I’ve been a staunch opponent of dot notation. I saw it as obscuring messaging, and encouraging programmers to violate the Law of Demeter through chained dots. I went so far as to characterize dot notation as an Objective-C code smell.

So it may surprise you to learn that I’ve recently adopted dot notation in my code! Here’s how it happened…  Continue Reading…

Remember my iOS Model-View-Controller TDD screencast? Eric Baker took it a few extra steps with his own follow-up screencast, demonstrating:

There’s a lot of interesting stuff here. But I also want to acknowledge that this screencast changed my mind about dot notation. Yes, really!

What are your thoughts about ReactiveCocoa, Kiwi, or AppCode? Leave a comment below.

NSBrief is a fun and informative podcast about Cocoa “developer-y topics.” I’m honored that I had my moment of glory on Episode #97: Jon Reid.

NSBrief

Host extraordinaire Saul Mora and I had an hour-and-a-half conversation about iOS unit testing, test driven development, and such.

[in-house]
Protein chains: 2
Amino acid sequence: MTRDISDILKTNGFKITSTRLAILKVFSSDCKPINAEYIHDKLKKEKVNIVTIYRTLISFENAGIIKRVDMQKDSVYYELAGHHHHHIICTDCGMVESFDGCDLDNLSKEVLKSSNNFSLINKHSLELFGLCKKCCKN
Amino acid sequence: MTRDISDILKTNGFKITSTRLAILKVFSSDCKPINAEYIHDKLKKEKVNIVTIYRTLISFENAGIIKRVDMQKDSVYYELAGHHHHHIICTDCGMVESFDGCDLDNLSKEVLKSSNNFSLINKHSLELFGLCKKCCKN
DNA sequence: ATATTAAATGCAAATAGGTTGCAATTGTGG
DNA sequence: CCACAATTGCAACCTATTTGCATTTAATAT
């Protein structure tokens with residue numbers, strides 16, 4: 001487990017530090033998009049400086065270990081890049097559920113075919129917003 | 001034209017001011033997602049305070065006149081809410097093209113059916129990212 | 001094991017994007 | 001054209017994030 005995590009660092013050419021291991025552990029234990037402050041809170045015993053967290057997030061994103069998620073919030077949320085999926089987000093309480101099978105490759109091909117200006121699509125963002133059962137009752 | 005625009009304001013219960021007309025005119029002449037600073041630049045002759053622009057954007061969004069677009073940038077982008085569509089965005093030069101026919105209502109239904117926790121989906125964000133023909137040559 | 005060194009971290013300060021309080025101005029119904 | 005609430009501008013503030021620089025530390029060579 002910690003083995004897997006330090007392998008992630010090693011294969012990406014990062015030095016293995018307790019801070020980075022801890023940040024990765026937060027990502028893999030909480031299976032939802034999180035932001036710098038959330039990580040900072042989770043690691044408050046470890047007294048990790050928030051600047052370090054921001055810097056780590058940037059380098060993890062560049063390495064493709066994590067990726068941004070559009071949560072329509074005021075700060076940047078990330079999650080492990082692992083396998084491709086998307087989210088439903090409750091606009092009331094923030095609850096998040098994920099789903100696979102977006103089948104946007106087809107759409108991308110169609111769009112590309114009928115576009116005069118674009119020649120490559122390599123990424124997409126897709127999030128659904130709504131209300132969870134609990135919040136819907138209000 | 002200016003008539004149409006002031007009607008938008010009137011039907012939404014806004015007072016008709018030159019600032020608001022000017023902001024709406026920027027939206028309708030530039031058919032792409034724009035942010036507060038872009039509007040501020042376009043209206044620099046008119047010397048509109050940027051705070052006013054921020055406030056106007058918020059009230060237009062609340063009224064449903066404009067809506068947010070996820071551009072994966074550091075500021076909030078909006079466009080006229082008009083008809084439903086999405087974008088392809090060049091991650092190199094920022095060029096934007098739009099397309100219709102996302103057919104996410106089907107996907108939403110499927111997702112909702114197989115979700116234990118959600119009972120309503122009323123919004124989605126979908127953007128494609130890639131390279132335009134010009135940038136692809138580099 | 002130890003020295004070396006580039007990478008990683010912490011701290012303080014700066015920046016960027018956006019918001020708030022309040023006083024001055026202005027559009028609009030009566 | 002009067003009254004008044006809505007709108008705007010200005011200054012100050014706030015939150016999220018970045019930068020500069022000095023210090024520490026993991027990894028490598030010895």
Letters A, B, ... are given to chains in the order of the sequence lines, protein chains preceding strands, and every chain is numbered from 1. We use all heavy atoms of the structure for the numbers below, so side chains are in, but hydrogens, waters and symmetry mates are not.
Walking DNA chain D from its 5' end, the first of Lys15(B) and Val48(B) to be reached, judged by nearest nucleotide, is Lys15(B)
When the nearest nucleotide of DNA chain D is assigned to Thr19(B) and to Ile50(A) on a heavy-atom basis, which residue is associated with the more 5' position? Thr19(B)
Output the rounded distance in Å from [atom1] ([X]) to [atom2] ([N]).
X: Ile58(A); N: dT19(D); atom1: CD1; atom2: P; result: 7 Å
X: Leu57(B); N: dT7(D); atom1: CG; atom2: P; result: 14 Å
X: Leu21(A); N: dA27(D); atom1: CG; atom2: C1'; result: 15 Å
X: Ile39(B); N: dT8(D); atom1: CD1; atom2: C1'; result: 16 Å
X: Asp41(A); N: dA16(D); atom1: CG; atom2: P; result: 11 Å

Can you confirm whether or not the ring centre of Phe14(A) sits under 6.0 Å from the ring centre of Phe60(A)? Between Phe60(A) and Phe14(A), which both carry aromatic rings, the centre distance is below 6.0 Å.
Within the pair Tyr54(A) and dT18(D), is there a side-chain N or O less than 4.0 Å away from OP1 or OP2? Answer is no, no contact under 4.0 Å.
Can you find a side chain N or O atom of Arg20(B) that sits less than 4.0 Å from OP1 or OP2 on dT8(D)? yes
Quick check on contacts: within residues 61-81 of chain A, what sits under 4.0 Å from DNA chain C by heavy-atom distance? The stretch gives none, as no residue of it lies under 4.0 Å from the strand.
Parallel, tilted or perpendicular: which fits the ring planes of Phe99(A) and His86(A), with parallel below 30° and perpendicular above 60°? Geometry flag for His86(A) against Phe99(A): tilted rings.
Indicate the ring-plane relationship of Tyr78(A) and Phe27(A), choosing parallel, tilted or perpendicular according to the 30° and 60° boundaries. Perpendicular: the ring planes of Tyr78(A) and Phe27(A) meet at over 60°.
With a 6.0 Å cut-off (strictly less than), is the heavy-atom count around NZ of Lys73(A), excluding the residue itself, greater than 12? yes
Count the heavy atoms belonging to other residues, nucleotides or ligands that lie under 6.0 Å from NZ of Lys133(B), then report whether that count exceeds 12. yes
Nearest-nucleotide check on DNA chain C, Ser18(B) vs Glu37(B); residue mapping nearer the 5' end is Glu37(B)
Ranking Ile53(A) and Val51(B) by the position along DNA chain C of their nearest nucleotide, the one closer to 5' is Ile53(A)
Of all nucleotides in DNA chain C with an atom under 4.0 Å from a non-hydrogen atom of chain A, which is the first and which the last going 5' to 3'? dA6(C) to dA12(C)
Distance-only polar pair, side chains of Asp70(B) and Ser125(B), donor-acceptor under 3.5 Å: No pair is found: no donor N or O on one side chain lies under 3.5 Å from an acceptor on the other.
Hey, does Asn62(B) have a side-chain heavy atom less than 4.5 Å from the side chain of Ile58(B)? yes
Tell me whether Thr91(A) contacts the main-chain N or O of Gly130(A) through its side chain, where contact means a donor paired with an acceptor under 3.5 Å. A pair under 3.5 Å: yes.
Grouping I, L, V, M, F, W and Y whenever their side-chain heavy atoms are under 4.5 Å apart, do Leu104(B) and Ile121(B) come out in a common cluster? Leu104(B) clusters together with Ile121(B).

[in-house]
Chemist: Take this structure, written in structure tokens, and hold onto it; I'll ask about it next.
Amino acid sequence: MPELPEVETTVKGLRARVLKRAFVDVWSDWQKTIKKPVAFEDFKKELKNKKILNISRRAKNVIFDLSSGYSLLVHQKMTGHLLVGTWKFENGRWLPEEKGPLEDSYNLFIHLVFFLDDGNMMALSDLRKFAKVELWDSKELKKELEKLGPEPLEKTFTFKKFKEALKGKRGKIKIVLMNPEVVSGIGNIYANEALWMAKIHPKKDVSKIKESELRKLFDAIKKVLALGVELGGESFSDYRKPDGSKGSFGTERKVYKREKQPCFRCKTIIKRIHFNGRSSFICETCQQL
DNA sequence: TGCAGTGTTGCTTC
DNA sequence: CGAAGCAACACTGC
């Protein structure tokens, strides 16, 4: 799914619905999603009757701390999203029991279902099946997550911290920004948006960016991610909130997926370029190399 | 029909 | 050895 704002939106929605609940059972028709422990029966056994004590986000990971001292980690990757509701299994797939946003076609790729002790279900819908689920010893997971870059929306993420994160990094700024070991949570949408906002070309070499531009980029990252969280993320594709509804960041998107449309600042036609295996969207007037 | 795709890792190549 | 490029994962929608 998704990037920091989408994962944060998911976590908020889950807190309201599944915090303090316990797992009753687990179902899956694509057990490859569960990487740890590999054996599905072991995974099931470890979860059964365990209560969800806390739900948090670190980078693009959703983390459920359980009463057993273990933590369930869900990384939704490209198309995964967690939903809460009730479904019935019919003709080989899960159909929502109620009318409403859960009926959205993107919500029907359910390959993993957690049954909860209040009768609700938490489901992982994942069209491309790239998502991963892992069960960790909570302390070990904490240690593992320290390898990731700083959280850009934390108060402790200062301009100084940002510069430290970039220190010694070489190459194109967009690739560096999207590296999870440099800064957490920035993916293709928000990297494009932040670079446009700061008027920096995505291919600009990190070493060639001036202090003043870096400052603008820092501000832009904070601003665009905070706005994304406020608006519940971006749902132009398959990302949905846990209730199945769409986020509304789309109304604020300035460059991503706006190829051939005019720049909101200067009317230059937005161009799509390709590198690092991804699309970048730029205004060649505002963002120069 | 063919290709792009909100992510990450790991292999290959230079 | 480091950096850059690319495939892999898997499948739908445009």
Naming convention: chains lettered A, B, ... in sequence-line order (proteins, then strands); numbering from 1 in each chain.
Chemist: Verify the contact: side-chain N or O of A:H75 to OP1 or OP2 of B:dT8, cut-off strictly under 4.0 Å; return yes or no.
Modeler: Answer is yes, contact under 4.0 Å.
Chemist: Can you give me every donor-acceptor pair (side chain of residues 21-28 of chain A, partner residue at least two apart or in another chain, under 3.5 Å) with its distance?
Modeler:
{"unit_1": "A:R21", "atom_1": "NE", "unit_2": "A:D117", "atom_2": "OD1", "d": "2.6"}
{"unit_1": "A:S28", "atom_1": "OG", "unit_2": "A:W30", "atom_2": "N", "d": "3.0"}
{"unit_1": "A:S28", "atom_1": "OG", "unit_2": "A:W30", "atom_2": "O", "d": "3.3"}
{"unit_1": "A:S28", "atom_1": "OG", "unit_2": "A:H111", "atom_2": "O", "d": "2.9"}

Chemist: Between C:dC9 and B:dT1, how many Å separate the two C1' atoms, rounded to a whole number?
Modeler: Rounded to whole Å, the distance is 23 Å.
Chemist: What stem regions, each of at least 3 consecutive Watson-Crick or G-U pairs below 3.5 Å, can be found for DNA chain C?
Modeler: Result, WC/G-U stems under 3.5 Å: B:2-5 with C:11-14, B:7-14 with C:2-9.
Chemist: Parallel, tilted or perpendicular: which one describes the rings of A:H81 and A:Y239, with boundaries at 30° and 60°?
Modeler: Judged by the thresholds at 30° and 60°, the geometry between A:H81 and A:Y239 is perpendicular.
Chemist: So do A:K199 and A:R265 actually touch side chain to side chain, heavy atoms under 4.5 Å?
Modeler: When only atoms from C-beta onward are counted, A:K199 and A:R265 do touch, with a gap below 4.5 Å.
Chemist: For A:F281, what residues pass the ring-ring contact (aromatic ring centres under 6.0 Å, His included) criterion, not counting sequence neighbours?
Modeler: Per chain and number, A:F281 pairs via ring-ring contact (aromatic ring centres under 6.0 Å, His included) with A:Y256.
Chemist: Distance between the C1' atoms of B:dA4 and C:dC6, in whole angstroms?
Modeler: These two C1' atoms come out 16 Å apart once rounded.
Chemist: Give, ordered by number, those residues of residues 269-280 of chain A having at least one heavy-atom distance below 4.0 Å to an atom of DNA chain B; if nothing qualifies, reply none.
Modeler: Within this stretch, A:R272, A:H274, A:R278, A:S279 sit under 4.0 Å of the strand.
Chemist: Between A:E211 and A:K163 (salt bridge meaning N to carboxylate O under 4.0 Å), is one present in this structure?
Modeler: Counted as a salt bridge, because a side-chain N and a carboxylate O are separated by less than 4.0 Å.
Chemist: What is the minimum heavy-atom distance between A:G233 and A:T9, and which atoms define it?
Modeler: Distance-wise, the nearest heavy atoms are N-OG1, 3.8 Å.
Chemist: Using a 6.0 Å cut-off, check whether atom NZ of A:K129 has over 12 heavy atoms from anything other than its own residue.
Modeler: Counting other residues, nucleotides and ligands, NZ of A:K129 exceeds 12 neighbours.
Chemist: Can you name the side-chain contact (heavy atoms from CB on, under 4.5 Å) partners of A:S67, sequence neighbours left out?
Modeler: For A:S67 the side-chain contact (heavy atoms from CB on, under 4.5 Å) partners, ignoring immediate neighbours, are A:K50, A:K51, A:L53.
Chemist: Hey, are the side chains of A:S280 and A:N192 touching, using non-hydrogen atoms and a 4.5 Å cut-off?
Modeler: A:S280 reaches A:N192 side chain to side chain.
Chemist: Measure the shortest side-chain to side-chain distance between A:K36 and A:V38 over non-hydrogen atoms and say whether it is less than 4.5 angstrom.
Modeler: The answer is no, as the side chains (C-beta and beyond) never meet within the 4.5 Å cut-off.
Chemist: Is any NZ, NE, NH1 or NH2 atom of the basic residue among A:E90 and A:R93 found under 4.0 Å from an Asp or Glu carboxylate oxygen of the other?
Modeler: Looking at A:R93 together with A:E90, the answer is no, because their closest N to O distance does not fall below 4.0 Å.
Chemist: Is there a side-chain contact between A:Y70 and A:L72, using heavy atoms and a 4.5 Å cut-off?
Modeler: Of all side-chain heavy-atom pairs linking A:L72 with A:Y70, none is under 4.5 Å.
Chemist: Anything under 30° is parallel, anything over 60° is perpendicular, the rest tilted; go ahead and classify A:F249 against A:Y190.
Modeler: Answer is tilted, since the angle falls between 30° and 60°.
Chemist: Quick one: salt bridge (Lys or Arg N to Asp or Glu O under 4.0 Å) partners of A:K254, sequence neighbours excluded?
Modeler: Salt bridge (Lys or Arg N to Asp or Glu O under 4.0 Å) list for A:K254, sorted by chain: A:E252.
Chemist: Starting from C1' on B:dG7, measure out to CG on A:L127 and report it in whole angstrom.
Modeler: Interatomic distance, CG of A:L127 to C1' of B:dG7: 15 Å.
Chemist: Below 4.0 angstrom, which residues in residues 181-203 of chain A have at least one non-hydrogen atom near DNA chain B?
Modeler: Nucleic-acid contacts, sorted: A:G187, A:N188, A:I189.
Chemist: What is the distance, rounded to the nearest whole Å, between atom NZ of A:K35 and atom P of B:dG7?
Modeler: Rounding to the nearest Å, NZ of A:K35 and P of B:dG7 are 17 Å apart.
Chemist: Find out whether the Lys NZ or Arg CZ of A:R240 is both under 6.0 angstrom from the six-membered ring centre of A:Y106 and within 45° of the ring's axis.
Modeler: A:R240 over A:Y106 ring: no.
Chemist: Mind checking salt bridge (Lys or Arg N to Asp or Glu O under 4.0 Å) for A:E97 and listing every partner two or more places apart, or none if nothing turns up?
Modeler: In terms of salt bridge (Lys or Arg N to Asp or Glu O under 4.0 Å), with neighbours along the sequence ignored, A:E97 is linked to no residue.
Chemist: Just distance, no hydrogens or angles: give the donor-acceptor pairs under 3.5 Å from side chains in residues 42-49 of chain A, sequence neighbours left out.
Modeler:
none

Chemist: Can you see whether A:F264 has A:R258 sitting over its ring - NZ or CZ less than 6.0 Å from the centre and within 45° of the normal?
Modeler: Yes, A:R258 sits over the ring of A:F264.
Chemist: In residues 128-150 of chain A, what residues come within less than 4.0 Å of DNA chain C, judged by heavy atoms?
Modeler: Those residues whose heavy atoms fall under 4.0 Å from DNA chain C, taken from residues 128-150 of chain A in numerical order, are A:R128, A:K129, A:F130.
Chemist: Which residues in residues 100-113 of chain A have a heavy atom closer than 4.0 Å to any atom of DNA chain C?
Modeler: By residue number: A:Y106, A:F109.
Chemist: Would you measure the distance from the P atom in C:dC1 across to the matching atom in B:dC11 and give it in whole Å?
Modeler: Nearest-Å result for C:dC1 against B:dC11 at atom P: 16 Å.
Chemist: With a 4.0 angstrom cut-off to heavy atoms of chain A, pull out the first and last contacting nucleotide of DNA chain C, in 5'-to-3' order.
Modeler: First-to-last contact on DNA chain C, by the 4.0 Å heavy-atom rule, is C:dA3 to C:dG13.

There are a quite a few other episodes, but I’d like to recommend two in particular relating to testing:

Do you have any questions about anything we said during the podcast? Leave a comment below.

People assume you can’t write unit tests for user interface code. That just ain’t so. I’ve already shown you how to do UIViewController TDD. Can we do the same for UIAlertView and UIActionSheet? Sure!

UIActionSheet example

This time instead of a screencast, I’ve put my code on GitHub, because you’ll want to incorporate some classes into your tests. Go to my iOSAlertViewActionSheetUnitTesting repository. Continue Reading…

CocoaConf vs. WWDC

April 22, 2013 — 2 Comments

I just wrapped up a great weekend with CocoaConf San Jose. I’ve gotta say: if you’re looking to maximize bang for your buck, save the money you’d spend on WWDC and consider CocoaConf instead!

cocoaconf

First, there’s the stress of trying to get a WWDC ticket. Then the expense. Sure, there are all those great talks, but Apple makes the videos available to registered developers. I think the main reason to continue going to WWDC is if you’re really desperate to get help in the Apple labs.

I’d never been to another iOS/Mac developer’s conference before this past weekend. I was impressed by: